Reference to the Company’s website above does not constitute incorporation of any of the information thereon into this news release.

Media Inquiries:

Investor Inquiries: Sherry Wilson:


Cision View original content to download multimedia:

SOURCE Allegiant Travel Company

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Alex Cora ejected for arguing horrible foul tip call

Alex Cora earned his first ejection of the season on Thursday, and you will understand why the Boston Red Sox manager was so irate when you see the call he was arguing.

With the Red Sox and Minnesota Twins tied 3-3 in the bottom of the eighth inning, Boston reliever Matt Andriese got catcher Ryan Jeffers to swing at a ball in the dirt. For whatever reason, home plate umpire Jordan Baker thought Jeffers got a piece of the ball. Cora was baffled that Baker didn’t ask for help from the first base umpire.

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Richland County sheriff partnering with mental health pros as call volumes mount | Columbia

COLUMBIA — In an effort to better handle non-criminal calls, the Richland County Sheriff’s Department has been operating a crisis intervention team since February that pairs a deputy with a state Department of Mental Health clinician, who arrive at scenes together.

The duo has responded to incidents such as when a person is suicidal or worries they may hurt someone else at least 70 times in the past two months.

“Being mentally ill does not mean you’re a criminal,” Richland County Sheriff Leon Lott said at a Feb. 24 press conference where he introduced the team’s creation. “And unfortunately for too long, it’s been treated that way.”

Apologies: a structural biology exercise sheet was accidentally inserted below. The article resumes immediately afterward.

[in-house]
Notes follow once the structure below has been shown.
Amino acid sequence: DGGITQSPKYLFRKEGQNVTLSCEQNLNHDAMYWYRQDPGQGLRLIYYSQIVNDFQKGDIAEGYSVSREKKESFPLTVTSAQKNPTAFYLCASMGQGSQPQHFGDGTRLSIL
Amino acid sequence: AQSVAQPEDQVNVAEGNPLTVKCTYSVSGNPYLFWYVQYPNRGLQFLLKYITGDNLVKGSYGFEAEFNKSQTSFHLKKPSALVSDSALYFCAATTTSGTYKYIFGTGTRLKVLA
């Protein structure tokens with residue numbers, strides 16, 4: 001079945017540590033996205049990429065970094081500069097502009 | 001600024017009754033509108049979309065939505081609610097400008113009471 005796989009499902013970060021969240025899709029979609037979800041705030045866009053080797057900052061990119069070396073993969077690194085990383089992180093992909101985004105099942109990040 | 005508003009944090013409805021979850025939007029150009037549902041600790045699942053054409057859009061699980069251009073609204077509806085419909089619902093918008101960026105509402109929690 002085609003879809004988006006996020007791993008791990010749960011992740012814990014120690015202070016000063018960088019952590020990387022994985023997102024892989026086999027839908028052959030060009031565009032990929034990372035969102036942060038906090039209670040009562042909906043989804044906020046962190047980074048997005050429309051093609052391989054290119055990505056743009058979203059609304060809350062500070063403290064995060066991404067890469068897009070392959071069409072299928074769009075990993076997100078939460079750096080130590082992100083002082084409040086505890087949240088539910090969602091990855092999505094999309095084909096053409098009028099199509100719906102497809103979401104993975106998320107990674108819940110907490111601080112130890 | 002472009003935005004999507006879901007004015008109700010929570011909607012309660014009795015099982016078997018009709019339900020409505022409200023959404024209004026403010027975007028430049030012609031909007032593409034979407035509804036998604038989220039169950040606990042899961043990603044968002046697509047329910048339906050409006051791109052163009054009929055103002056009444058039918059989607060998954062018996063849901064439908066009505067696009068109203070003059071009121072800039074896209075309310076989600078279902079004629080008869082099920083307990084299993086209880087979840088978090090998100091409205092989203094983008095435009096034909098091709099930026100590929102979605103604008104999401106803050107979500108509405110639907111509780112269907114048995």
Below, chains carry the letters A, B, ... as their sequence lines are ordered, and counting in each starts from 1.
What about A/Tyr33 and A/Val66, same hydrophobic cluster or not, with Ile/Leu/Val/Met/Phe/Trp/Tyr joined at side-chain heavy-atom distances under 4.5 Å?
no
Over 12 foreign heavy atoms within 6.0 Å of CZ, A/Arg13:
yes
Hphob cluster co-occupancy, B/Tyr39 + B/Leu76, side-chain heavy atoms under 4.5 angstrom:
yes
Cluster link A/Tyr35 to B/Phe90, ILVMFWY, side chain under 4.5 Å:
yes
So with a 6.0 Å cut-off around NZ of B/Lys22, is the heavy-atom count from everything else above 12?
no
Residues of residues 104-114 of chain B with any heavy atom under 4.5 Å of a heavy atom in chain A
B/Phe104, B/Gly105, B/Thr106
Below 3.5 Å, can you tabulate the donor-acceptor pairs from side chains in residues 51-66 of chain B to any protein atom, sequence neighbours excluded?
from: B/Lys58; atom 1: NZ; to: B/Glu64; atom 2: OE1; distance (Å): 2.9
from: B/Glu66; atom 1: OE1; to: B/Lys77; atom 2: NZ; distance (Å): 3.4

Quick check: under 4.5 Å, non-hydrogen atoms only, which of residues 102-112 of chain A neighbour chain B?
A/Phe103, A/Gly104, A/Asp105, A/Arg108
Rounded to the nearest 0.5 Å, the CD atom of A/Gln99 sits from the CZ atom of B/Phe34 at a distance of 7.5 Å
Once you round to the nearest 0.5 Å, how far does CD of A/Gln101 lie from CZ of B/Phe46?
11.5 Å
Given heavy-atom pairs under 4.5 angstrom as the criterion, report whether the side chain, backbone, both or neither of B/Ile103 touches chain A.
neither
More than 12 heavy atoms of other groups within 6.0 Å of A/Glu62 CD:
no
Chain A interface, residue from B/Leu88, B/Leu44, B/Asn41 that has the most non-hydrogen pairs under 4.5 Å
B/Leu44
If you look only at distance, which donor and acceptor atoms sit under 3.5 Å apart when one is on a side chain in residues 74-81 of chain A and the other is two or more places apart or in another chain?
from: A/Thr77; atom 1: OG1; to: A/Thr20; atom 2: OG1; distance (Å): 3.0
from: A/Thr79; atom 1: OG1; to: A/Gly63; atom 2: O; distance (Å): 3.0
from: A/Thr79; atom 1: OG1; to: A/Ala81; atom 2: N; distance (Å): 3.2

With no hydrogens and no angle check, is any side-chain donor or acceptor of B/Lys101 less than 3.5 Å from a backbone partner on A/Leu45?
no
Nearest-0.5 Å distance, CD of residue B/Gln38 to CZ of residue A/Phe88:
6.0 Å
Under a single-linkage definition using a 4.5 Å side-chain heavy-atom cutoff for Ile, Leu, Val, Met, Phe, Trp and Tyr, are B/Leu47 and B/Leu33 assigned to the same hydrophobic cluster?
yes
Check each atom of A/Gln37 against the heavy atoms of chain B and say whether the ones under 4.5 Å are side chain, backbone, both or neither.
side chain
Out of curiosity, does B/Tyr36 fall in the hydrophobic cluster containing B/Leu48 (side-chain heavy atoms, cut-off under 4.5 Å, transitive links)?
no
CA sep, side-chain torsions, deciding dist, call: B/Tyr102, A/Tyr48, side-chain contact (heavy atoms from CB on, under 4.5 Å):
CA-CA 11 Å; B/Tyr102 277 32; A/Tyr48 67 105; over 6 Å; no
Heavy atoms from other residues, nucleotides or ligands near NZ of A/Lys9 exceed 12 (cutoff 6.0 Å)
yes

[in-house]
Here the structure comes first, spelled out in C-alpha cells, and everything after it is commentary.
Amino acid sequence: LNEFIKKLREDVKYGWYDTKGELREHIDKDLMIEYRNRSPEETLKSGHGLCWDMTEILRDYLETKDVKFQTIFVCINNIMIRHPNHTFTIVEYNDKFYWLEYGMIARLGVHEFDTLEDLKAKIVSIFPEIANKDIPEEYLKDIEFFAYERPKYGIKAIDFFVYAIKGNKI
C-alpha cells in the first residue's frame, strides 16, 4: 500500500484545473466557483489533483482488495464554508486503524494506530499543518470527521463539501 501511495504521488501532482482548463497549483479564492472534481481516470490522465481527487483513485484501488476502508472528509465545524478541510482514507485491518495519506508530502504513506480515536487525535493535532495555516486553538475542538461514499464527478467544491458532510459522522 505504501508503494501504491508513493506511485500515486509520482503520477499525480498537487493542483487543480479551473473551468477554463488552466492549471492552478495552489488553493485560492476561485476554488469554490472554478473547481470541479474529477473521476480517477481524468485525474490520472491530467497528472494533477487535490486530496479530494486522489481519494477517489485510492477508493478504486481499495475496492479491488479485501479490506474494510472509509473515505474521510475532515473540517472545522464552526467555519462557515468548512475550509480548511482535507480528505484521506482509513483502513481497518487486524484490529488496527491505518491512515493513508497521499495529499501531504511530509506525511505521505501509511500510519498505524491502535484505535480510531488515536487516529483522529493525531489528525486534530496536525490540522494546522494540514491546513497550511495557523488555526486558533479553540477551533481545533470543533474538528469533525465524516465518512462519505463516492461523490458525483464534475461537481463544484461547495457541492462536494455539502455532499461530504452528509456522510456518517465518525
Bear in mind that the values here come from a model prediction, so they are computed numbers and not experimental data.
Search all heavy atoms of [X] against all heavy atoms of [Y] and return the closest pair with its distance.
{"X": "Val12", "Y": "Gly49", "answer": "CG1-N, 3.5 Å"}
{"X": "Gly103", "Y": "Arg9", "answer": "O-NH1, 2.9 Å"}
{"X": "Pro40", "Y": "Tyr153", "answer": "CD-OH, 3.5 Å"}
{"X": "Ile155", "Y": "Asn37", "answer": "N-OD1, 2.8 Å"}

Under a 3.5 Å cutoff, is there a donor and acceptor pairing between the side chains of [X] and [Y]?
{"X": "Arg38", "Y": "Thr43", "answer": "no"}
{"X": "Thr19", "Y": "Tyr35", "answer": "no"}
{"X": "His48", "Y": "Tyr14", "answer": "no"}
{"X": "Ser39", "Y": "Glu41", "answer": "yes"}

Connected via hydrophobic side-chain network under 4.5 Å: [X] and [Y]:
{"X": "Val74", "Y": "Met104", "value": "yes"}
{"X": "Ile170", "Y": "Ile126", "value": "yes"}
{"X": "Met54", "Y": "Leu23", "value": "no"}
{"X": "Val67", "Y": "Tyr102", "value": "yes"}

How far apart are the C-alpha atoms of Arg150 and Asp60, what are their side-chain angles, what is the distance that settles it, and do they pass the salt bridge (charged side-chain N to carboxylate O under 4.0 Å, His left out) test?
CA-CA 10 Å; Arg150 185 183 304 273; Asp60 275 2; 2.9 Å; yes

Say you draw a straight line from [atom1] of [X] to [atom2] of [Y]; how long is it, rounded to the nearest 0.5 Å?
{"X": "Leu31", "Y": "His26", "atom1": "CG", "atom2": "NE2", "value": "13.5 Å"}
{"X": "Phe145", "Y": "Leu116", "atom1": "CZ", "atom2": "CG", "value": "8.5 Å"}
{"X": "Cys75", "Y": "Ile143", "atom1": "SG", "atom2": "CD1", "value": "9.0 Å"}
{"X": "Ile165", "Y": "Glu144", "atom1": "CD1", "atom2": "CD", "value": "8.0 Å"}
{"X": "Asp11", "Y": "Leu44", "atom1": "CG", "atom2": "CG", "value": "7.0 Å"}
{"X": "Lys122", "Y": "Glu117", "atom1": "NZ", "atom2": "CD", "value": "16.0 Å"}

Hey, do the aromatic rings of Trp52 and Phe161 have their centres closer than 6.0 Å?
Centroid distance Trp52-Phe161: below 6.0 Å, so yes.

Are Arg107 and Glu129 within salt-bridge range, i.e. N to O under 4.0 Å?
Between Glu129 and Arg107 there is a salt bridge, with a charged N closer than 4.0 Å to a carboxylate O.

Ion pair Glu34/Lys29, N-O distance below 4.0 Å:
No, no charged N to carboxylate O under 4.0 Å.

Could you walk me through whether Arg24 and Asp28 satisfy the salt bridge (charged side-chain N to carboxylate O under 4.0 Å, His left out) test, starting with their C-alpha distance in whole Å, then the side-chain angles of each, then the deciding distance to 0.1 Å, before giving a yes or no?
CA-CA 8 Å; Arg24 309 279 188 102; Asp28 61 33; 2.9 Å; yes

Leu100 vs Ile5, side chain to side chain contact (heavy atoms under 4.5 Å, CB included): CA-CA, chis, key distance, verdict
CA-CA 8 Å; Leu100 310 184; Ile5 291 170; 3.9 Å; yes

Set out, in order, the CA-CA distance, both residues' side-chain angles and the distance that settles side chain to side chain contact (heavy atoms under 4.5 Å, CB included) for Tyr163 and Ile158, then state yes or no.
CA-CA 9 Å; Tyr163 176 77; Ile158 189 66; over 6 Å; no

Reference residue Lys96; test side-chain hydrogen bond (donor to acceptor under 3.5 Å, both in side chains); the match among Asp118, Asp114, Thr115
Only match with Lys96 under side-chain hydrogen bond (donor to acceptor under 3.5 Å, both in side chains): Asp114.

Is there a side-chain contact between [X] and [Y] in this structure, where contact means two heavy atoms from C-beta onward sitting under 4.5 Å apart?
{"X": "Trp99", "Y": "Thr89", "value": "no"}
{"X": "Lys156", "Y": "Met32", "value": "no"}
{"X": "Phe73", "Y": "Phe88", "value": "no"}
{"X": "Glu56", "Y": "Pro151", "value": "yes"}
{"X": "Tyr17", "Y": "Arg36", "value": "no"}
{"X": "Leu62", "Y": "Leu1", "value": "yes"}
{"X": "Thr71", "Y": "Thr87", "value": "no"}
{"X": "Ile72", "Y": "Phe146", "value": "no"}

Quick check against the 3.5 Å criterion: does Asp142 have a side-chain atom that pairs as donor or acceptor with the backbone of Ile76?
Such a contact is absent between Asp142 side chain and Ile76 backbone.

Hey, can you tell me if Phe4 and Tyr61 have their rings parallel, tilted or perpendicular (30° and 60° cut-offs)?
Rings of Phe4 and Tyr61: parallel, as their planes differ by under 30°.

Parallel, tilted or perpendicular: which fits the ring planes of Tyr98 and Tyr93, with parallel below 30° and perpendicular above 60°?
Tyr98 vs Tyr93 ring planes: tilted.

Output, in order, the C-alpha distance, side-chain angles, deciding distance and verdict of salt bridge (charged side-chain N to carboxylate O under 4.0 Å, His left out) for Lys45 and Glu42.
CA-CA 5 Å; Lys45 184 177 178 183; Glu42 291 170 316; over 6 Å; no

His department, one of the largest law enforcement agencies in the state, is among several in South Carolina integrating mental health response into its daily work.

The Charleston County Sheriff’s Office, city of Greenville police department and Oconee County Sheriff’s Department all have initiatives of their own, and officials expect those services to be in greater demand following a spike in mental health-related calls through the COVID-19 pandemic.

Richland County fielded 232 monthly non-criminal service calls related to mental emergencies in 2020, compared to 69 a month over the prior year.

Now, when dispatchers receive a call from somebody in the middle of a mental health emergency, Sheriff’s Capt. David Soto and a state Department of Mental Health counselor take over.

Soto is currently the only deputy on the newly formed team, so his availability is limited, but Lott is hoping to add more officers, which would also help improve response times in a county that’s 772 square miles.

The team arrives in plainclothes and an unmarked car to help defuse tension.